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Stock Analyst Update

Berkshire's Weaker Q1 Earnings Didn't Stop Spending

Berkshire has increased its stake in Apple, as well as the five Japanese trading houses, and bought shares of several German securities.

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Having dug deeper into wide-moat-rated Berkshire Hathaway's (BRK.A) (BRK.B) first-quarter results, we expect to leave our $550,000 ($367) per Class A (B) share fair value estimate in place. Top-line growth was in line with our expectations, with first-quarter operating revenue, excluding the impact of investment and derivative gains/losses and other adjustments, increasing 9.6% to $70.8 billion. Adjusted pretax earnings of $8.0 billion, however, did come in a little lower than we were expecting, with results being 2.9% lower year over year. 

The company did, however, put a significant chunk of its excess capital to work, dedicating $41.4 billion (net of sales) to the purchase of equity securities (with Chevron and Occidental Petroleum accounting for the majority of the outlays) during the first quarter. Management also noted during the annual meeting that Berkshire had increased its stake in Apple, as well as the five Japanese trading houses, and had bought shares of several different German securities in the March quarter. On top of that, the insurer reported a $4 billion stake in HP in early April and concluded the 25-day go-shop period attached to its $11.6 billion acquisition of Alleghany over the Easter weekend (with that deal expected to close during the fourth quarter of 2022).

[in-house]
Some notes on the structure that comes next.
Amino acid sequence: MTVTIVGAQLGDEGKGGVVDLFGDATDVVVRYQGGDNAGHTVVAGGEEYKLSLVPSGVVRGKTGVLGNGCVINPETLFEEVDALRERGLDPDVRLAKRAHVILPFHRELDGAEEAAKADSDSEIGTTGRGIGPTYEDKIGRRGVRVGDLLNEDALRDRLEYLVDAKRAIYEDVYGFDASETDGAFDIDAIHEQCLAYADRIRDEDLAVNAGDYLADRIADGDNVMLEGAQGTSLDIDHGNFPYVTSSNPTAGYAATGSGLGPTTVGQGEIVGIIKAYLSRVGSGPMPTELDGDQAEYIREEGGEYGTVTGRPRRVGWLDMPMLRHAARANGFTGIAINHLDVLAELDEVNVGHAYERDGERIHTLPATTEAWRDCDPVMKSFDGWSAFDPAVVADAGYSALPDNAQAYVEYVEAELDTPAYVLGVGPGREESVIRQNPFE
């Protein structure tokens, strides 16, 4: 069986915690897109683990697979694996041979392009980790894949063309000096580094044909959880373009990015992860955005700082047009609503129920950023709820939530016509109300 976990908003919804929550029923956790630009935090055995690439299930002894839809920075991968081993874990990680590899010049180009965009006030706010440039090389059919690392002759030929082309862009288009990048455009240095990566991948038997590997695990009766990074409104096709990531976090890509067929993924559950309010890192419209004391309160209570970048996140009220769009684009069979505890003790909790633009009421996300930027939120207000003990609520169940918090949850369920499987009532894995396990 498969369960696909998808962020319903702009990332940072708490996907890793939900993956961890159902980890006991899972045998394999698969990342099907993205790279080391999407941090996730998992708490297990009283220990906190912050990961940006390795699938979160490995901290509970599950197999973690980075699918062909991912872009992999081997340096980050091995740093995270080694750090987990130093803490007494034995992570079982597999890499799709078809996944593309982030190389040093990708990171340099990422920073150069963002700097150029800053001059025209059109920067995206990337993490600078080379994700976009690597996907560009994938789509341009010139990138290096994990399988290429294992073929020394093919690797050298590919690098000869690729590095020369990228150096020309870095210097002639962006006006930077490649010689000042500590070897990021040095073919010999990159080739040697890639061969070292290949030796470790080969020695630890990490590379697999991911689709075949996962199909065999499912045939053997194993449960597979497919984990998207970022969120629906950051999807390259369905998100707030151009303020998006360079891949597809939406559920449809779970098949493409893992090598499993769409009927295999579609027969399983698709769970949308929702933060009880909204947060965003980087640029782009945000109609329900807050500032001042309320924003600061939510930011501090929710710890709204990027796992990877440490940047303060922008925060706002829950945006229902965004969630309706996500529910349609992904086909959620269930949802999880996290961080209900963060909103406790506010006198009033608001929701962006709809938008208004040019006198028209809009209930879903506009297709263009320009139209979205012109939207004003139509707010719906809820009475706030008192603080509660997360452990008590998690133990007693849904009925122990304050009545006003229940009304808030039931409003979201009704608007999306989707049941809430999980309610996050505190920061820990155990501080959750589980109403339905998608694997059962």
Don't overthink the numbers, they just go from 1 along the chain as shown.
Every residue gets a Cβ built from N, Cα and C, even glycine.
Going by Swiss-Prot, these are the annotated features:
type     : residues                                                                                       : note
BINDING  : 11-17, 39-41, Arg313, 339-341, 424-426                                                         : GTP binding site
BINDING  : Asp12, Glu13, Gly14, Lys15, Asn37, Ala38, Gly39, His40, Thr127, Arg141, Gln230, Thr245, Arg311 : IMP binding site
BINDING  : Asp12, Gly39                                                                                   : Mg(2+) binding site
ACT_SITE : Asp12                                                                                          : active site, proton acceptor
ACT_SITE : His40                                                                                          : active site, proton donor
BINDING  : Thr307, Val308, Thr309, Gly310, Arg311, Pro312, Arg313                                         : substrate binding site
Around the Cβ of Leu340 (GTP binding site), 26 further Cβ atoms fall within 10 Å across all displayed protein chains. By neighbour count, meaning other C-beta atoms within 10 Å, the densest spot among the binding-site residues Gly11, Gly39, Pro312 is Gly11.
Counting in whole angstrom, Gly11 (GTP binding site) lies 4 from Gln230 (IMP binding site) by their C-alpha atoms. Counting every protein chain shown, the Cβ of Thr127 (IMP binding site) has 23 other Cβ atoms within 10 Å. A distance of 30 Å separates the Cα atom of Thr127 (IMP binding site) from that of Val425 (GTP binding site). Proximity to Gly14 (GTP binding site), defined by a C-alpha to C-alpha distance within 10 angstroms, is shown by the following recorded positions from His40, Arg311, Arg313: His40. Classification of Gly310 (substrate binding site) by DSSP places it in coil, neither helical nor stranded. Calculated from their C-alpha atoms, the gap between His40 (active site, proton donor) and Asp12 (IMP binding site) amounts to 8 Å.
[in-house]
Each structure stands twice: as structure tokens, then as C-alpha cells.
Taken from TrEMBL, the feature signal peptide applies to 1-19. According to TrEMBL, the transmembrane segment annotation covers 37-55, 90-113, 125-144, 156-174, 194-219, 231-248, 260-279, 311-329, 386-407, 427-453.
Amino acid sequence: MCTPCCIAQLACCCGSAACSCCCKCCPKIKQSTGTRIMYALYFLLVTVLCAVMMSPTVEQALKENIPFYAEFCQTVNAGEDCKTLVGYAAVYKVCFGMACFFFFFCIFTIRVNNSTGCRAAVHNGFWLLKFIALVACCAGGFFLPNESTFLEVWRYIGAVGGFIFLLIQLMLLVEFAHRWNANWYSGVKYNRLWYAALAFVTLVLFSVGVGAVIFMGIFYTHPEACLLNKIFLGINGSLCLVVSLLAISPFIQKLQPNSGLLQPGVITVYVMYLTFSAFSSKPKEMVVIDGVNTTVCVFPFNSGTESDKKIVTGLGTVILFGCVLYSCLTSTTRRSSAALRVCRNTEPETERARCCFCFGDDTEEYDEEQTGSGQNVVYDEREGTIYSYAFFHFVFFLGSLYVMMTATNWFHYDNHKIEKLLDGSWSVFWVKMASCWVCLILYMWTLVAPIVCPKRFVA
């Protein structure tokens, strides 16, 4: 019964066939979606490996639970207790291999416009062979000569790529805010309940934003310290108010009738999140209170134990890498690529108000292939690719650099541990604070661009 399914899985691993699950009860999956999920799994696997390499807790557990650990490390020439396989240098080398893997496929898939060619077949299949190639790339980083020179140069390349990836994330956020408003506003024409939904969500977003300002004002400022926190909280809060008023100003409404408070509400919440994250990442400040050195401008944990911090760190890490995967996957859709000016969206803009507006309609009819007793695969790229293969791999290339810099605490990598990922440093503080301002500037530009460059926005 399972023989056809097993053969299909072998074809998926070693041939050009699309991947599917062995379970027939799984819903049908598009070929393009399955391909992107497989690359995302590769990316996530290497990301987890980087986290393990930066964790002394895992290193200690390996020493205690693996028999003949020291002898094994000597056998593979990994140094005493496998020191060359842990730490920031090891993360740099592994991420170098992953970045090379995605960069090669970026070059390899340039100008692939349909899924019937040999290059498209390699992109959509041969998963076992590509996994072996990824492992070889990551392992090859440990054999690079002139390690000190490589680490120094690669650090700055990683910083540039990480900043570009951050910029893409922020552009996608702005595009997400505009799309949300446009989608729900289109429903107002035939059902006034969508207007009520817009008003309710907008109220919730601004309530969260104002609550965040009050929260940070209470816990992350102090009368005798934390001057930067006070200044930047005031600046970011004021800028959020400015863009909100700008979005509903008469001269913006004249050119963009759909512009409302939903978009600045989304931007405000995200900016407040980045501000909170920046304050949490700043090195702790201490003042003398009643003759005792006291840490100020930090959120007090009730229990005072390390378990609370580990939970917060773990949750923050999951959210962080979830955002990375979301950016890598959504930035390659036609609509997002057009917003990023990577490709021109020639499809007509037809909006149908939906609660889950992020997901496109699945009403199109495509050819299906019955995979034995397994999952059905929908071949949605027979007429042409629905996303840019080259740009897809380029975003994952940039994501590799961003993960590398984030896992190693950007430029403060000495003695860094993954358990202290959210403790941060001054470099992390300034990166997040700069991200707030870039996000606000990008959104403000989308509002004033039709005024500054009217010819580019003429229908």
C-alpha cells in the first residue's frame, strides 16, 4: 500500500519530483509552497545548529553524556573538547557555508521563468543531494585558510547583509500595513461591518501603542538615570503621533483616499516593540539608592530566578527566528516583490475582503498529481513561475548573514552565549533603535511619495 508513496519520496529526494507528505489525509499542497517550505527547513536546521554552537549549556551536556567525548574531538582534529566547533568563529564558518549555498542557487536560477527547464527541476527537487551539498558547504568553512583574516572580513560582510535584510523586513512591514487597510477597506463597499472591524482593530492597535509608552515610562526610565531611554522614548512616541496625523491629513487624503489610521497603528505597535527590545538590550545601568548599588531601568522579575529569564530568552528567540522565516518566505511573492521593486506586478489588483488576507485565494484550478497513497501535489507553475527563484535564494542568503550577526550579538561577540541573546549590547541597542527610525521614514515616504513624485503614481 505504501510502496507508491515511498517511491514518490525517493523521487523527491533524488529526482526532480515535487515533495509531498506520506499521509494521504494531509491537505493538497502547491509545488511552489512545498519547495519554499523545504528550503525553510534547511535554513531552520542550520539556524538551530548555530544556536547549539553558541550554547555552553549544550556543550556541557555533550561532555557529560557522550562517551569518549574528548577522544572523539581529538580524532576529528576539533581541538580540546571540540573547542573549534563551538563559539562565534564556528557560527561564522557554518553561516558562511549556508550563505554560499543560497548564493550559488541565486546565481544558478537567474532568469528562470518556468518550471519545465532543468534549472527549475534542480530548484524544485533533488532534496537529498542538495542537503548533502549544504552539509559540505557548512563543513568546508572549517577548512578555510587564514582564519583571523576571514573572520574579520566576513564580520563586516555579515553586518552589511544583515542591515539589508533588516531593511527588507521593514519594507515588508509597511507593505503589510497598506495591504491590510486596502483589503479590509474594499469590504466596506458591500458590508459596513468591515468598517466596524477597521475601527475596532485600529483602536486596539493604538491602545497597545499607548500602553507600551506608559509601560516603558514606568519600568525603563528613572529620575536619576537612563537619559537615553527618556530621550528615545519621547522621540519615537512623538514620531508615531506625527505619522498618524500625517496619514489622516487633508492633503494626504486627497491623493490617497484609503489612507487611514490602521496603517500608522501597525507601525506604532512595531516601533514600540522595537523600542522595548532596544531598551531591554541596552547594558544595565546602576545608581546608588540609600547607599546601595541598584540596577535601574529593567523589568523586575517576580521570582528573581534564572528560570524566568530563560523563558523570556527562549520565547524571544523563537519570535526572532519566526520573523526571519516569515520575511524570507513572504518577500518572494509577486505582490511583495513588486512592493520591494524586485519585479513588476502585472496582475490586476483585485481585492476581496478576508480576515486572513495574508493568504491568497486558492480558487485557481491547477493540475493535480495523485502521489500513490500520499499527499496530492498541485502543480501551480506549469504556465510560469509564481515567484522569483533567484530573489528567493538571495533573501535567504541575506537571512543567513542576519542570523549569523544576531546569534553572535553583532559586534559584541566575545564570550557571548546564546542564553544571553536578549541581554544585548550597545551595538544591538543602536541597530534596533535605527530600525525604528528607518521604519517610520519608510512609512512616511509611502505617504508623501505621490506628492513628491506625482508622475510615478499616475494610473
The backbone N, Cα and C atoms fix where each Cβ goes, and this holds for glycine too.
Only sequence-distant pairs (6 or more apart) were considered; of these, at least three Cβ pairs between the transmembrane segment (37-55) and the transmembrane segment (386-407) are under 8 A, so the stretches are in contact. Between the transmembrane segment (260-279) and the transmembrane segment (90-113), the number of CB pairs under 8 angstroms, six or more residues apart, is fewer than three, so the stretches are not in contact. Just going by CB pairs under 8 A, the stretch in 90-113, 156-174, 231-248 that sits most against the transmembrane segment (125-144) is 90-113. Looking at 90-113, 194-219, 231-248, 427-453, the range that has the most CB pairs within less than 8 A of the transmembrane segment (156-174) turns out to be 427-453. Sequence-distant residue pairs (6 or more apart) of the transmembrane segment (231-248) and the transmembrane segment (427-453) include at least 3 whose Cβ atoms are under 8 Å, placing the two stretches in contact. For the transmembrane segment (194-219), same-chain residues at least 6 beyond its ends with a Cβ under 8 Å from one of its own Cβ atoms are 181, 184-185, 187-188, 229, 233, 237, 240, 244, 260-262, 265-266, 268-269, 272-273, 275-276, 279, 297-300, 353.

The first-quarter investment activity did, however, reduce share repurchases during the March quarter. Having bought back an average of $6.5 billion of stock quarterly the previous eight calendar quarters, Berkshire's $3.2 billion of share repurchases during the first quarter of 2022 was a meaningful step down. That said, the stock has had a fairly strong run this year, increasing close to 18% in value during the first quarter alone. Given the defensive nature of Berkshire's stock, we would expect to see more share repurchases going forward when the market is in bullish territory, and less when the equity markets are bearish and there are better opportunities for the company to put money to work.

Greggory Warren does not own (actual or beneficial) shares in any of the securities mentioned above. Find out about Morningstar’s editorial policies.